Decision hygiene is to product and service selection as testing is to software development. Skip them at your peril.
Decisions about technology can be noisy affairs.
(Please take a moment to relive one you were part of.)
As Daniel Kahneman, Olivier Sibony, and Cass Sunstein masterfully point out in Noise (2021), noise is different than bias. It’s an independent contributor to infelicitous results in professional (and other) judgments. Noise tends to be an invisible enemy. Bias, more obvious, moves decisions in particular directions; noise just adds errors through unwanted variability. Responsible decision-makers seek to minimize both.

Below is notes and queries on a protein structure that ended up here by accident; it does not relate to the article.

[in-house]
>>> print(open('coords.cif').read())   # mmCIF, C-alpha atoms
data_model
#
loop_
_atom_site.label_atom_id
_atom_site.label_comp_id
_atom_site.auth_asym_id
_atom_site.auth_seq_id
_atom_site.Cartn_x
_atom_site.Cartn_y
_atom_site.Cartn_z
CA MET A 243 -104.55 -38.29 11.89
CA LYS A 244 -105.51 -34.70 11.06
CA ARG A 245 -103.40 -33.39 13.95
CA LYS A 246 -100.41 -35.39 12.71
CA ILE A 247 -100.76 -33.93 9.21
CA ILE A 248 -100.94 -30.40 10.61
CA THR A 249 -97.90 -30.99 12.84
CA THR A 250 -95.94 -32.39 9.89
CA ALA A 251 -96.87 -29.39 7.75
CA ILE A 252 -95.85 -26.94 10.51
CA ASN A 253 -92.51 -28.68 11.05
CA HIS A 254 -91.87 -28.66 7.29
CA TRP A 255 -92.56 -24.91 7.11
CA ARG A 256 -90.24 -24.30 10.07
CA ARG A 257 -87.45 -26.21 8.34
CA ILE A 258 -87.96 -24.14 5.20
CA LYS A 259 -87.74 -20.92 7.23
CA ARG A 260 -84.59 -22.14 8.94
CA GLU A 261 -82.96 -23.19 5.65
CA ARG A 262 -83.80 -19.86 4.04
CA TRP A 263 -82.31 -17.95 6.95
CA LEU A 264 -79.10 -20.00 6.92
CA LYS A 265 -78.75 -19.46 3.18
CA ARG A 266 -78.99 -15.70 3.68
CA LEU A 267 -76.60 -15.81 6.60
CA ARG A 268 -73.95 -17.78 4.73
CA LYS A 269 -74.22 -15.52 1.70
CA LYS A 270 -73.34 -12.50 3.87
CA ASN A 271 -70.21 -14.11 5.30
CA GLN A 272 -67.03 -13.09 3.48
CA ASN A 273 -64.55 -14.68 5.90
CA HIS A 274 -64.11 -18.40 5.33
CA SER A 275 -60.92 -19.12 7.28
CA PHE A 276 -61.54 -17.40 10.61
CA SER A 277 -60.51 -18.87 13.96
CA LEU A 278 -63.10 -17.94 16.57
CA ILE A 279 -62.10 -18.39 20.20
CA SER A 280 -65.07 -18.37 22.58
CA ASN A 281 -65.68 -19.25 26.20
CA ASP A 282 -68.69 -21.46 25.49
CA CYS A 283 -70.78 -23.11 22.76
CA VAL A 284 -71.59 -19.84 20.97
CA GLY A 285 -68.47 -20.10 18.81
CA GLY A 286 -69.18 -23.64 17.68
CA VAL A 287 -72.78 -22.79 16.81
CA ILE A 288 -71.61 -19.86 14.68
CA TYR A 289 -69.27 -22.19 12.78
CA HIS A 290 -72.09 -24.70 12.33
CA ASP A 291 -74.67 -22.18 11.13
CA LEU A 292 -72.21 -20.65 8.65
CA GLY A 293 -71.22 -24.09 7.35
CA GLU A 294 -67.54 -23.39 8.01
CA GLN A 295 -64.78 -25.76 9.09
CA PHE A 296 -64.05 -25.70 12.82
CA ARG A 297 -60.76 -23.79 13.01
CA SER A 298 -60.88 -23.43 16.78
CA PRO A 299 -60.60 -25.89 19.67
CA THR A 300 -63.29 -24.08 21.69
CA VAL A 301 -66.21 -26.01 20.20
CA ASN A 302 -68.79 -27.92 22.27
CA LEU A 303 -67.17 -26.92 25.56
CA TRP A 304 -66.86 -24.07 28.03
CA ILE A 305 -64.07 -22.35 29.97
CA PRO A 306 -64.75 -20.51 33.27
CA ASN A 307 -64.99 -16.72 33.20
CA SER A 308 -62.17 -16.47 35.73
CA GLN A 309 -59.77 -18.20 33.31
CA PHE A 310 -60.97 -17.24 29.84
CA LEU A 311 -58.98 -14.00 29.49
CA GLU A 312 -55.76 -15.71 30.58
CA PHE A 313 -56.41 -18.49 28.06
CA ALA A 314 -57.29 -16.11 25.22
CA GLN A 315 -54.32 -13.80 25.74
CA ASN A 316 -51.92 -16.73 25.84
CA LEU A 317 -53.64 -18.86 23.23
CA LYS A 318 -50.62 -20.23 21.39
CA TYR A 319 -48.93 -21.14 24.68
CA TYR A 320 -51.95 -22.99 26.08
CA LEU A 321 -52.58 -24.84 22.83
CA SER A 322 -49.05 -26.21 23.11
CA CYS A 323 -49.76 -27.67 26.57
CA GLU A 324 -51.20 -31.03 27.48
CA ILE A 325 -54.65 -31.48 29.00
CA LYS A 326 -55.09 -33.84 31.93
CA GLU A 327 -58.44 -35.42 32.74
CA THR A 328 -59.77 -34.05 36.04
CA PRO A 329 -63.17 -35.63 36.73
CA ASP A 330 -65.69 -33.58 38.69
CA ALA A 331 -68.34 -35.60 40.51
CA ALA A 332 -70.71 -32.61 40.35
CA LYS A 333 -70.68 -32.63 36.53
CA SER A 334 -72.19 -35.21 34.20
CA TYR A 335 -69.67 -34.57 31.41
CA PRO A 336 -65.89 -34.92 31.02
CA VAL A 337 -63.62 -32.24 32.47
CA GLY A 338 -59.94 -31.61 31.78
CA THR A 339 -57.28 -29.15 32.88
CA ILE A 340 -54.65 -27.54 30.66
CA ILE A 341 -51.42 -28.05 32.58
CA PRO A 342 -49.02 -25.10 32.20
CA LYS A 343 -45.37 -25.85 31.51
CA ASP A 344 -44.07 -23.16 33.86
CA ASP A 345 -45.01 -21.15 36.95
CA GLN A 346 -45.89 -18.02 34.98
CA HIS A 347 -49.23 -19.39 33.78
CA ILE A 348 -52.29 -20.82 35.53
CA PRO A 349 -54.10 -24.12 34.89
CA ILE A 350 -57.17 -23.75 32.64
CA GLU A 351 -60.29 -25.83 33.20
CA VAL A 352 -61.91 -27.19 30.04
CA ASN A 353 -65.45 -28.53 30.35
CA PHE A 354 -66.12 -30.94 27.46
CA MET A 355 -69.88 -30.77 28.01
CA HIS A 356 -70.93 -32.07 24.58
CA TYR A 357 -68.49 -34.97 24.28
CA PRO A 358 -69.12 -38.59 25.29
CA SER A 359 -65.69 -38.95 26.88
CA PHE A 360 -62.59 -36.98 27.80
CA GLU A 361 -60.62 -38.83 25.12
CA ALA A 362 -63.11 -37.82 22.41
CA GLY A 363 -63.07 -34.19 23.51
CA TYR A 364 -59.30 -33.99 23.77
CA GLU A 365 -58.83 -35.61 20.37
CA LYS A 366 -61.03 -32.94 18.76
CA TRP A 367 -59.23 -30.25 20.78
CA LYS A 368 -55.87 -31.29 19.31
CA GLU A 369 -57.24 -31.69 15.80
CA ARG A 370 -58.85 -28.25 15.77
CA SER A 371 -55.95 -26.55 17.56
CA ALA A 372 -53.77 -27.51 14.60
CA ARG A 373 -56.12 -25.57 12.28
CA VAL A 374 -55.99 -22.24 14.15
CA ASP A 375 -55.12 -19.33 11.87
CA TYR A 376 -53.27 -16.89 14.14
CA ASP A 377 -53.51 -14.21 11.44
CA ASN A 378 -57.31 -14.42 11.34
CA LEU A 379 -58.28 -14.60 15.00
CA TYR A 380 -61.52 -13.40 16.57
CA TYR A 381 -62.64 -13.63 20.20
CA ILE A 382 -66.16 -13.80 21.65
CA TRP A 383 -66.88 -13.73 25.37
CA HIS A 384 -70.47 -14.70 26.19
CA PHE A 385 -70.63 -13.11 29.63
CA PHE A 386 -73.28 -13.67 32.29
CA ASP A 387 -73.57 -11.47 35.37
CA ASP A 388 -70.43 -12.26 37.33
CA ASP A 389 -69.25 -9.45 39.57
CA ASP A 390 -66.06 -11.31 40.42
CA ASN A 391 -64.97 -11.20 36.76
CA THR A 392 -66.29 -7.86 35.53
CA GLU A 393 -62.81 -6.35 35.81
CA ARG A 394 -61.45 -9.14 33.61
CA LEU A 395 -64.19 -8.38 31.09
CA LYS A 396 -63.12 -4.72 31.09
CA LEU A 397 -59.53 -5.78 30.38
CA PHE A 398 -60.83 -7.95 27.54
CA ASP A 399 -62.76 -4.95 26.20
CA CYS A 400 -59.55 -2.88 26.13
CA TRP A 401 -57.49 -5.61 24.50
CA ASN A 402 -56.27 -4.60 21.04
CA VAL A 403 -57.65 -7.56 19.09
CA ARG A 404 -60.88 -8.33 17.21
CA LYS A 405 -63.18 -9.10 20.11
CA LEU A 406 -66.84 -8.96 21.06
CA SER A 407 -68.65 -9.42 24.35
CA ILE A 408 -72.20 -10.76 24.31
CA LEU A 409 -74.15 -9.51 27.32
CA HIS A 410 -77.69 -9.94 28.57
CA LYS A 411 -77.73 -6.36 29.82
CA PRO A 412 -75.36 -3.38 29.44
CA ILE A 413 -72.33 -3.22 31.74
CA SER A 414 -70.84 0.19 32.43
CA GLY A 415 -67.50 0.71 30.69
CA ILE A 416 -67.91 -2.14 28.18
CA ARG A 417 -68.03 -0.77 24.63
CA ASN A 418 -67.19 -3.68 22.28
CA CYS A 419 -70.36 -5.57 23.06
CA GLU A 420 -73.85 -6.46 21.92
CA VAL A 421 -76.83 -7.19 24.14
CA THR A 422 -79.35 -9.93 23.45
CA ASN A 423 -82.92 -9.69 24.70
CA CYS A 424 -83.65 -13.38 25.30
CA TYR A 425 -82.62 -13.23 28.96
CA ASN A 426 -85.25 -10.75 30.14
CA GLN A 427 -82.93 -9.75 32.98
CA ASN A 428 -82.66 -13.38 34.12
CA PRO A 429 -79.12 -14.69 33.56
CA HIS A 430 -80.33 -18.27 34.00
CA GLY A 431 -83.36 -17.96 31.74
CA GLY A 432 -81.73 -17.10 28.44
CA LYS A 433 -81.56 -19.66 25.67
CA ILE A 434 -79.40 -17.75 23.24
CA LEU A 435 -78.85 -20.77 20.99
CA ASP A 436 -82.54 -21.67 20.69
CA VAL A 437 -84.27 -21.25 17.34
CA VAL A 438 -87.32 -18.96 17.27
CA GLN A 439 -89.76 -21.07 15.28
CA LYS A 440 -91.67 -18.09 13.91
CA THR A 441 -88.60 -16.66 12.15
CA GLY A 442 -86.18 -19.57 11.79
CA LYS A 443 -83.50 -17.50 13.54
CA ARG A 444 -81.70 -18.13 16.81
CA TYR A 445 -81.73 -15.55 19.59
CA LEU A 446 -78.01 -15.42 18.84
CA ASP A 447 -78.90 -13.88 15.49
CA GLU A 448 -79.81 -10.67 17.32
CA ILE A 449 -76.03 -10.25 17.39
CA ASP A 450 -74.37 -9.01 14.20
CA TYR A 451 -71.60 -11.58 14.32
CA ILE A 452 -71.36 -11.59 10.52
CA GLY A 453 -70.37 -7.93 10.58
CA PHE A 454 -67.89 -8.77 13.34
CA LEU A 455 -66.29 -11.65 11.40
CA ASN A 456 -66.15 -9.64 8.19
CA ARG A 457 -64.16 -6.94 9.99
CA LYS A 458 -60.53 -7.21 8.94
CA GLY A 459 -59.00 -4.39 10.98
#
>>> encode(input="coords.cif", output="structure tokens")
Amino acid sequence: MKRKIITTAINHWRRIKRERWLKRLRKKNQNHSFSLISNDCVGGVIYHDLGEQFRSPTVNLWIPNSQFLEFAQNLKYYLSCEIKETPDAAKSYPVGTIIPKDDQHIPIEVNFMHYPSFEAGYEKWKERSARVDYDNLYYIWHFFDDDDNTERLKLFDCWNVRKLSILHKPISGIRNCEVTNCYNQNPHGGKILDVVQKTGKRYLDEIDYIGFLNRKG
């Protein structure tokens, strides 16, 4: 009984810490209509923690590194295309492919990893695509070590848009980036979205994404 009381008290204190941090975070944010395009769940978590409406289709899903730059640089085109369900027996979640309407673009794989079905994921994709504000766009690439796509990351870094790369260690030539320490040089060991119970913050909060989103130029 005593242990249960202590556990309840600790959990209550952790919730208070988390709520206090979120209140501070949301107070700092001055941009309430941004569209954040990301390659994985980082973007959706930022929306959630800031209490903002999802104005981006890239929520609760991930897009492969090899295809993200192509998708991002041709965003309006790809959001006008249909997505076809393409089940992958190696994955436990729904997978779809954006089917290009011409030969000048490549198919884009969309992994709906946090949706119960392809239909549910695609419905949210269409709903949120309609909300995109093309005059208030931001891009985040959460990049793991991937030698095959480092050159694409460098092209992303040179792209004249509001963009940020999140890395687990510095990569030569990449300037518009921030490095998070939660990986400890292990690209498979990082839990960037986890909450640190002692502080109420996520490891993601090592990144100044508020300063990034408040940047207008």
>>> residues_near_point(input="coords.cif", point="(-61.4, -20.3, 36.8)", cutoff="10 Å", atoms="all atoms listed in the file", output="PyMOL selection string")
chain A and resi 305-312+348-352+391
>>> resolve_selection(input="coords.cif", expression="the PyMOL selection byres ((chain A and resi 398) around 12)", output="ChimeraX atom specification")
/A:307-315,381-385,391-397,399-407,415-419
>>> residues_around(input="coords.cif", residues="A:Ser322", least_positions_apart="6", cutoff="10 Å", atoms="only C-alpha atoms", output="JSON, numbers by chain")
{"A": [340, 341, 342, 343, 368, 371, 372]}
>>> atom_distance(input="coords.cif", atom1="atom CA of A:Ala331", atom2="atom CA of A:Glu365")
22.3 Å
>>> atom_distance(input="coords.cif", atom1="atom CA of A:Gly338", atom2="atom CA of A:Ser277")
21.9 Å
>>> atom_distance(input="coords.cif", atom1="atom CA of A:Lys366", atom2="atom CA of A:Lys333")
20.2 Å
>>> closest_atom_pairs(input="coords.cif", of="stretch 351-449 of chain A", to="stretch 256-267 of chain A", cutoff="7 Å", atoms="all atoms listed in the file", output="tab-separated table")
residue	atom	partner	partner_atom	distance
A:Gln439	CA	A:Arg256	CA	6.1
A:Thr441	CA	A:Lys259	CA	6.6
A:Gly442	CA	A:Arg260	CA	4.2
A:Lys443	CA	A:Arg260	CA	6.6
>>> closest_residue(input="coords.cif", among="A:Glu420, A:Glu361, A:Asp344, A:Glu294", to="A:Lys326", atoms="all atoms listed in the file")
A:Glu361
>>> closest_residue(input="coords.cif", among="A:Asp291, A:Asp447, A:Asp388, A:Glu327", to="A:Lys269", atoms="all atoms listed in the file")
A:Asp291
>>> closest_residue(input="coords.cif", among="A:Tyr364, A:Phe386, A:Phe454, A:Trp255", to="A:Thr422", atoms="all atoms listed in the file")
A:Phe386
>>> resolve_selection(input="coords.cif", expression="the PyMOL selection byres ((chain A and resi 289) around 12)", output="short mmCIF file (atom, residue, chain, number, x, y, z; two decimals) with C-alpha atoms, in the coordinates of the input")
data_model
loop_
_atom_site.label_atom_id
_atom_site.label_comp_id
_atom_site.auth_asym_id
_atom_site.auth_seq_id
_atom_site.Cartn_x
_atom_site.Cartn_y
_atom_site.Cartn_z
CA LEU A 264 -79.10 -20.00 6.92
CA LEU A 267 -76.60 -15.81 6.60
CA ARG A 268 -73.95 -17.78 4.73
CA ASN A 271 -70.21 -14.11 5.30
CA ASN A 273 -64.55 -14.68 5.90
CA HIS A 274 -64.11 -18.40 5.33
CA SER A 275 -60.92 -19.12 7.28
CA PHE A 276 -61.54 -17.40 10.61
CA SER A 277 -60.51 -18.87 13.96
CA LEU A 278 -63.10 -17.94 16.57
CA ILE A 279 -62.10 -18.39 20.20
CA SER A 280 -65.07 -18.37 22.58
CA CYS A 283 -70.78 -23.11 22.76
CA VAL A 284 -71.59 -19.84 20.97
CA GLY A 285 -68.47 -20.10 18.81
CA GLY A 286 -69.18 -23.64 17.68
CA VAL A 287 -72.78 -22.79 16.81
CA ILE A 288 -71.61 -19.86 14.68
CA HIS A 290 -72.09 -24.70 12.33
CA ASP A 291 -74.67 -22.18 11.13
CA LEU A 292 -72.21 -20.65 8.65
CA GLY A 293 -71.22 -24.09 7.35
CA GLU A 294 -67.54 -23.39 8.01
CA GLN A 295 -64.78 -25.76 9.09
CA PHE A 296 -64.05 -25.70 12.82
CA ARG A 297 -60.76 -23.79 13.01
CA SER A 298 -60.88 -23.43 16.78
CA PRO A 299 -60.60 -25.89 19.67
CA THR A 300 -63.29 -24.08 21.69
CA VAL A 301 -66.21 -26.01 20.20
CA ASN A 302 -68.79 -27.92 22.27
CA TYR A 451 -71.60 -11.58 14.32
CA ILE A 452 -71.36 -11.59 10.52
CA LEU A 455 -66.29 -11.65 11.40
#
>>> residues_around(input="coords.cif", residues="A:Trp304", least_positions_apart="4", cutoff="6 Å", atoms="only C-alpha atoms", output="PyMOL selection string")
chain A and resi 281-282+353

The Noise authors provide vivid examples of judgments in which noise plays a role, including some in law, like judicial sentencing decisions, which have been shown to turn on such things as the outside temperature or whether the local city’s football team won its most recent game. Contexts like insurance underwriting can operate like lotteries. As the authors say, “wherever there is judgment, there is noise” (p 12). We are all noisy.
Continue Reading Keeping the noise down in tech selection (325)